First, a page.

Wide-Eyed and Legless was originally published in 1988. During the 1987 Tour de France, the British cycling team, ANC-Halfords, agreed to let journalist Jeff Connor travel and stay with the team full-time.
1987 is a legendary tour for a number of reasons – not least for Irish people given Stephen Roche’s victory. This was ANC-Halfords first (and last) participation in the Tour and they really weren’t ready for the race. They didn’t have good enough riders and they didn’t have good enough financial (and therefore technical) support. They were exceptionally disorganised by comparison to the modern sport of cycling.
The team even ended up letting Connor drive some of their vehicles because they ran out of people to do so. The level of access Connor was given results in his perspective at times being more like that of a technical support person than a journalist.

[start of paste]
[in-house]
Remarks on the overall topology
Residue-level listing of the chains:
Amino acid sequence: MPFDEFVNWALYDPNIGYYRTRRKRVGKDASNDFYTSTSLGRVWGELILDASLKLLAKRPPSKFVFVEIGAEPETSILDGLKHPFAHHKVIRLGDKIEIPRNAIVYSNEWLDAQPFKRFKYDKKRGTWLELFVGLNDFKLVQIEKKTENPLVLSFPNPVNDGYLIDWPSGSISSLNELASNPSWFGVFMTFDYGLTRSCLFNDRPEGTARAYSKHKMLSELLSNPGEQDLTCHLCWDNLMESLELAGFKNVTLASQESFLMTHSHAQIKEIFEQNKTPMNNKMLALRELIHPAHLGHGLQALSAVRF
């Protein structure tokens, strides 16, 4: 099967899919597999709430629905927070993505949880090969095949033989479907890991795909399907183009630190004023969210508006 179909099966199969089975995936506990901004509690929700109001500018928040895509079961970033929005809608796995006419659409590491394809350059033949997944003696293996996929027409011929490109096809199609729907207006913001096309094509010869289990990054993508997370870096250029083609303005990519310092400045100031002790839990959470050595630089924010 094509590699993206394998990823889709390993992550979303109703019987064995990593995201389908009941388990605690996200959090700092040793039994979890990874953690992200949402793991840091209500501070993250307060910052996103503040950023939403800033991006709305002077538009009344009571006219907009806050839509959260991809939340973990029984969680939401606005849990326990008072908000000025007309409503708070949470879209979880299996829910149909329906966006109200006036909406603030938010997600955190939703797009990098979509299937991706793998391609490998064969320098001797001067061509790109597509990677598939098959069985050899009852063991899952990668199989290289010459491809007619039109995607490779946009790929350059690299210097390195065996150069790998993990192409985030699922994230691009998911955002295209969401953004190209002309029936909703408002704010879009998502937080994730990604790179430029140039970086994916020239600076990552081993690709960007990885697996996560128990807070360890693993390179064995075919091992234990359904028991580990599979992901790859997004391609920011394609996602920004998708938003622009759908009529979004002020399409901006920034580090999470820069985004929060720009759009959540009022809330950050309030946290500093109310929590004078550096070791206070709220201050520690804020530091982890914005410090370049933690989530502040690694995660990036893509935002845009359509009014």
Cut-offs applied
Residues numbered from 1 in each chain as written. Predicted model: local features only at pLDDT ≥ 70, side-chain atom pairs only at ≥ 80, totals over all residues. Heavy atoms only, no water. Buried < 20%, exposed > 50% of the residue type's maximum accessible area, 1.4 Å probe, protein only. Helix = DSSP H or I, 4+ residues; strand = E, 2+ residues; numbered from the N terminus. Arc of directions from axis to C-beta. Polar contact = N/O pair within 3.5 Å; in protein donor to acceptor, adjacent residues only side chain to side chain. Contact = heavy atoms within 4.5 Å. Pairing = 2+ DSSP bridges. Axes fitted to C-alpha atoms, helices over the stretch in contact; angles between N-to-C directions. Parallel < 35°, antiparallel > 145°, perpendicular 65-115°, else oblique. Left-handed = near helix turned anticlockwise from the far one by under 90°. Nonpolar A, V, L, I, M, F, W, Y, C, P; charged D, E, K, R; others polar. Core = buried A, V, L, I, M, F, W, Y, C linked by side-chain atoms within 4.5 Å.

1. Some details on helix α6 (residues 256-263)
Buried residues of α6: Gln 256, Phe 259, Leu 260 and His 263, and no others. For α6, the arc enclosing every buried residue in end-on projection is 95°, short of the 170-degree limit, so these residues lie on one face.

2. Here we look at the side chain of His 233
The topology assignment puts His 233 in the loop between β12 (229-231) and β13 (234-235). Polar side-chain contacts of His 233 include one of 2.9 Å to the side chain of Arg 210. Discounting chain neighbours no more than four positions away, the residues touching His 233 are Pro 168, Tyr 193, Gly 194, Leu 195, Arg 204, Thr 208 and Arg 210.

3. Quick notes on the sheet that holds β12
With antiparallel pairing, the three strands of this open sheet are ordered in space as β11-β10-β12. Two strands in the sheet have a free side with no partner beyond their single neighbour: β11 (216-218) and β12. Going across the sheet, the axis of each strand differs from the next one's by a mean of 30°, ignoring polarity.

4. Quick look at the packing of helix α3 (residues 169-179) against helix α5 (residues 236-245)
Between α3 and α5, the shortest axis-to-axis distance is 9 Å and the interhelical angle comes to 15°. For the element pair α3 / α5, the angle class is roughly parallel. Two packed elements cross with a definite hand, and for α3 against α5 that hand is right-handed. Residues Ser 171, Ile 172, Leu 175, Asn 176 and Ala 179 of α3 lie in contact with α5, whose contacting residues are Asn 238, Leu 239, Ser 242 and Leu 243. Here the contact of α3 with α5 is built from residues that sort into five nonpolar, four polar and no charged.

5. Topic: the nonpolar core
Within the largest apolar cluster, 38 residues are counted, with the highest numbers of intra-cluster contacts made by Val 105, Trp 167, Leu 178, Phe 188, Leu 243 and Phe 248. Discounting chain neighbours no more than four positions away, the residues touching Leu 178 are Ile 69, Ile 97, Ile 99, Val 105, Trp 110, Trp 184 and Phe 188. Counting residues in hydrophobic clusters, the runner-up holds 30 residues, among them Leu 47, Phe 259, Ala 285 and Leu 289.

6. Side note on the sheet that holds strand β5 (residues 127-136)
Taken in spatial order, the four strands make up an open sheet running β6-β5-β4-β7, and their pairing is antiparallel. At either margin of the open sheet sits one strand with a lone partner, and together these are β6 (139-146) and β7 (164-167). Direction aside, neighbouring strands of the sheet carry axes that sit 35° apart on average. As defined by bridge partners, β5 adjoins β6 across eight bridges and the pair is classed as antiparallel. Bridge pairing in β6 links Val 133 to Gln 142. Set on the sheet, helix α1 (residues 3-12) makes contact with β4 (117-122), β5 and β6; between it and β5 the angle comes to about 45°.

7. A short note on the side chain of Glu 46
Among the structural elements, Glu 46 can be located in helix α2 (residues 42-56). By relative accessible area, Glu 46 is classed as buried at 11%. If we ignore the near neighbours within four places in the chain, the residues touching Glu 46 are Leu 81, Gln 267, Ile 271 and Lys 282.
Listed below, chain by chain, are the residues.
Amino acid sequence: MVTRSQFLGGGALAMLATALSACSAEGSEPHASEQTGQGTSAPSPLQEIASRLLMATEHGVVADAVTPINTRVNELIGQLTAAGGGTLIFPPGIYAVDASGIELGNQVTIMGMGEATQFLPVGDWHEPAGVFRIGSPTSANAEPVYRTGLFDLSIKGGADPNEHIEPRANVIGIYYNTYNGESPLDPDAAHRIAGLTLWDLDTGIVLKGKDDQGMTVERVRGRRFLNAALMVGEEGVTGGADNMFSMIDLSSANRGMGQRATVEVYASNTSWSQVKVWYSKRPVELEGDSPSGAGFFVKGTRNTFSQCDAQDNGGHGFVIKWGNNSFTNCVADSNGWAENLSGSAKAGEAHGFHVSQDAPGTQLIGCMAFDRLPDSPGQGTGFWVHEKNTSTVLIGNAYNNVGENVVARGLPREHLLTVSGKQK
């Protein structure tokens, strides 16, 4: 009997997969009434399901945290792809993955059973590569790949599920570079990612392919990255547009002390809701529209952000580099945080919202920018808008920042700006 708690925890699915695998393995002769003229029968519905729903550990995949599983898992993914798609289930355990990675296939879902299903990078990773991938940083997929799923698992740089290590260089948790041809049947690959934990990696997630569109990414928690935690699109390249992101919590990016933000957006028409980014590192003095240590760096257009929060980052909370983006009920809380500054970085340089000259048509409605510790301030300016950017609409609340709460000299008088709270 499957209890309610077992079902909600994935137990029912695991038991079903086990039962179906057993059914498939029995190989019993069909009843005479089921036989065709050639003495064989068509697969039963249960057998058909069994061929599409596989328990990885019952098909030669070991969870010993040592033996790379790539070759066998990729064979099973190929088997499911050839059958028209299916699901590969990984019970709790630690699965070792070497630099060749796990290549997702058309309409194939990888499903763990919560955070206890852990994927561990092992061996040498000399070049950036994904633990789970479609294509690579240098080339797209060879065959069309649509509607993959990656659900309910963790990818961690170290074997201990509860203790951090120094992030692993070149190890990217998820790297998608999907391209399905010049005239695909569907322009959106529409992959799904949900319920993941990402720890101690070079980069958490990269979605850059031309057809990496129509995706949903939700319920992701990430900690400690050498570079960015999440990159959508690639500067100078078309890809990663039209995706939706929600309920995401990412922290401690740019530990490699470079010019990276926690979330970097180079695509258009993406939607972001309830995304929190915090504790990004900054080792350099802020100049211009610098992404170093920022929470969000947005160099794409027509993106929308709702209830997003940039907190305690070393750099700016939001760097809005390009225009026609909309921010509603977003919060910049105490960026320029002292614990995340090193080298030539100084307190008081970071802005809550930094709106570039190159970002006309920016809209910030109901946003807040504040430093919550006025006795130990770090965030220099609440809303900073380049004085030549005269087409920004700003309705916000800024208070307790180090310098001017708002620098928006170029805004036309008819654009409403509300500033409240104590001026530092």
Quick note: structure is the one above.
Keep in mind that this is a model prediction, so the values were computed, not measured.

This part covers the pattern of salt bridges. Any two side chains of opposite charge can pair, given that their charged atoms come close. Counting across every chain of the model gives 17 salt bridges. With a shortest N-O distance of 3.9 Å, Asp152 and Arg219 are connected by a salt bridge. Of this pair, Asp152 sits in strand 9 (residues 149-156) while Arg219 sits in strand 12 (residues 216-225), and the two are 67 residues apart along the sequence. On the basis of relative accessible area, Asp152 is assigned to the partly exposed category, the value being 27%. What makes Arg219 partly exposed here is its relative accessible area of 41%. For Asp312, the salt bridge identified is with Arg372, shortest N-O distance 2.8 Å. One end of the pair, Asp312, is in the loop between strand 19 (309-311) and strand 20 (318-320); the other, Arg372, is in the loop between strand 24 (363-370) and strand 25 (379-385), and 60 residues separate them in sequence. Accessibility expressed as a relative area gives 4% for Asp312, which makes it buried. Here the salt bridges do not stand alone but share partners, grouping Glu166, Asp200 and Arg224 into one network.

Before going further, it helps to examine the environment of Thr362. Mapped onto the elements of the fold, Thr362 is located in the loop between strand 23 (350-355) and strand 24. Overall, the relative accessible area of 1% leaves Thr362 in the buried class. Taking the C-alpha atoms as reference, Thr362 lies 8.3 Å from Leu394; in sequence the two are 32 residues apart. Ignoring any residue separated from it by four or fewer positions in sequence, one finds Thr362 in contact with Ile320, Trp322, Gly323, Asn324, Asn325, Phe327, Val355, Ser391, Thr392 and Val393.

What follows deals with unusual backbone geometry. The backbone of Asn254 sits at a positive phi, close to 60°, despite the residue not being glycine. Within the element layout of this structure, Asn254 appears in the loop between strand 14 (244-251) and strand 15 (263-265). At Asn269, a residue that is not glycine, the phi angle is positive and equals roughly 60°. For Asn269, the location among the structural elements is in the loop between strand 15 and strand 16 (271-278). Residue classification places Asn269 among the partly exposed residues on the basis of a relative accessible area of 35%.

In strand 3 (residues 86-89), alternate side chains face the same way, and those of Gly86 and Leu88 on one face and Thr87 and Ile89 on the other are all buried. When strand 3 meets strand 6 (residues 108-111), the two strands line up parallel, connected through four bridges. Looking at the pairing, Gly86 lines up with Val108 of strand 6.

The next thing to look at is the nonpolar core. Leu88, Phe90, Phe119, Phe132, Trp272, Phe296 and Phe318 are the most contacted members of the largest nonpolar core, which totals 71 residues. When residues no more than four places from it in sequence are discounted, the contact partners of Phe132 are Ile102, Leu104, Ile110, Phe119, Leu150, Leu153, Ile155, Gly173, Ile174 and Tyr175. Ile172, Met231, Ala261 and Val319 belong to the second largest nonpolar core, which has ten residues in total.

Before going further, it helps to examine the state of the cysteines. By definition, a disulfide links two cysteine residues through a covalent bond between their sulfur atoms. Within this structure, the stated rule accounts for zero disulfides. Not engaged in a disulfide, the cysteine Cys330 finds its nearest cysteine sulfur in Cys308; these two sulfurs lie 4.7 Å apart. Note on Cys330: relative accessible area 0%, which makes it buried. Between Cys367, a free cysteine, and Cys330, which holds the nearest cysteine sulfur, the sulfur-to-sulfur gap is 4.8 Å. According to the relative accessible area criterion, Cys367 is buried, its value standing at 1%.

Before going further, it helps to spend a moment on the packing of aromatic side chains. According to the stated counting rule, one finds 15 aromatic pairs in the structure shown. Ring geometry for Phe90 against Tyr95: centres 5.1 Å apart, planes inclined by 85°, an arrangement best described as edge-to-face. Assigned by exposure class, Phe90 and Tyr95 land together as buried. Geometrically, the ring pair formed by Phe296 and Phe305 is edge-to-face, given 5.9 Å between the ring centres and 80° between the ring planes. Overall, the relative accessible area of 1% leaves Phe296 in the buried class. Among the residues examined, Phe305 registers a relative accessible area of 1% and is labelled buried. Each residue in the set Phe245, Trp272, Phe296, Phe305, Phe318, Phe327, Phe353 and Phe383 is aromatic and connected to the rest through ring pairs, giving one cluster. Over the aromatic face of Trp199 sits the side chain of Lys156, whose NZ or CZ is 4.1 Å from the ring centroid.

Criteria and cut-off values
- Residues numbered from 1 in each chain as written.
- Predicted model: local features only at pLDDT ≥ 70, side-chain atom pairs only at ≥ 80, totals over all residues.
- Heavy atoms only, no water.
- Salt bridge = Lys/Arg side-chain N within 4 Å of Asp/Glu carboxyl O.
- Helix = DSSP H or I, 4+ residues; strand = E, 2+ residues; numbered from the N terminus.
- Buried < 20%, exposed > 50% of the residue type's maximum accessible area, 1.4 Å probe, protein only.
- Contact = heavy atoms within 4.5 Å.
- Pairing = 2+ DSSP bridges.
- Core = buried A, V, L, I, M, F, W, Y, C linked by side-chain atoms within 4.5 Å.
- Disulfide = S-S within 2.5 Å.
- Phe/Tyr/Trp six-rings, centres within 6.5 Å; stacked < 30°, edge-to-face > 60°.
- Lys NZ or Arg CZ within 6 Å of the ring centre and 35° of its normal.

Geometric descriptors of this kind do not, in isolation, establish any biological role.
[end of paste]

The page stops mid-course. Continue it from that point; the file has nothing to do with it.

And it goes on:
The book suffers from not being clear in what it is trying to achieve. It is half narrative from an insider’s perspective of the troubled ANC-Halfords team and half a broader race report of the 1987 Tour. Ultimately the book feels like two ideas mashed together and works as neither. The kernels of a fascinating emotional insight into the struggles of the ANC-Halfords riders and team members are there but aren’t fleshed out as the book becomes more of a routine retelling of the Tour’s progress and conclusion.
The cover of the book quotes cycle sport as declaring it ‘The No.1 cycling book of all time’. Perhaps in 1988 it may have been but it isn’t in the same league as books like Rough Ride or Put Me Back on My Bike. I expected more, largely based on this cover quote, which led to the book leaving me somewhat underwhelmed.
A decent read but doesn’t live up to the hype.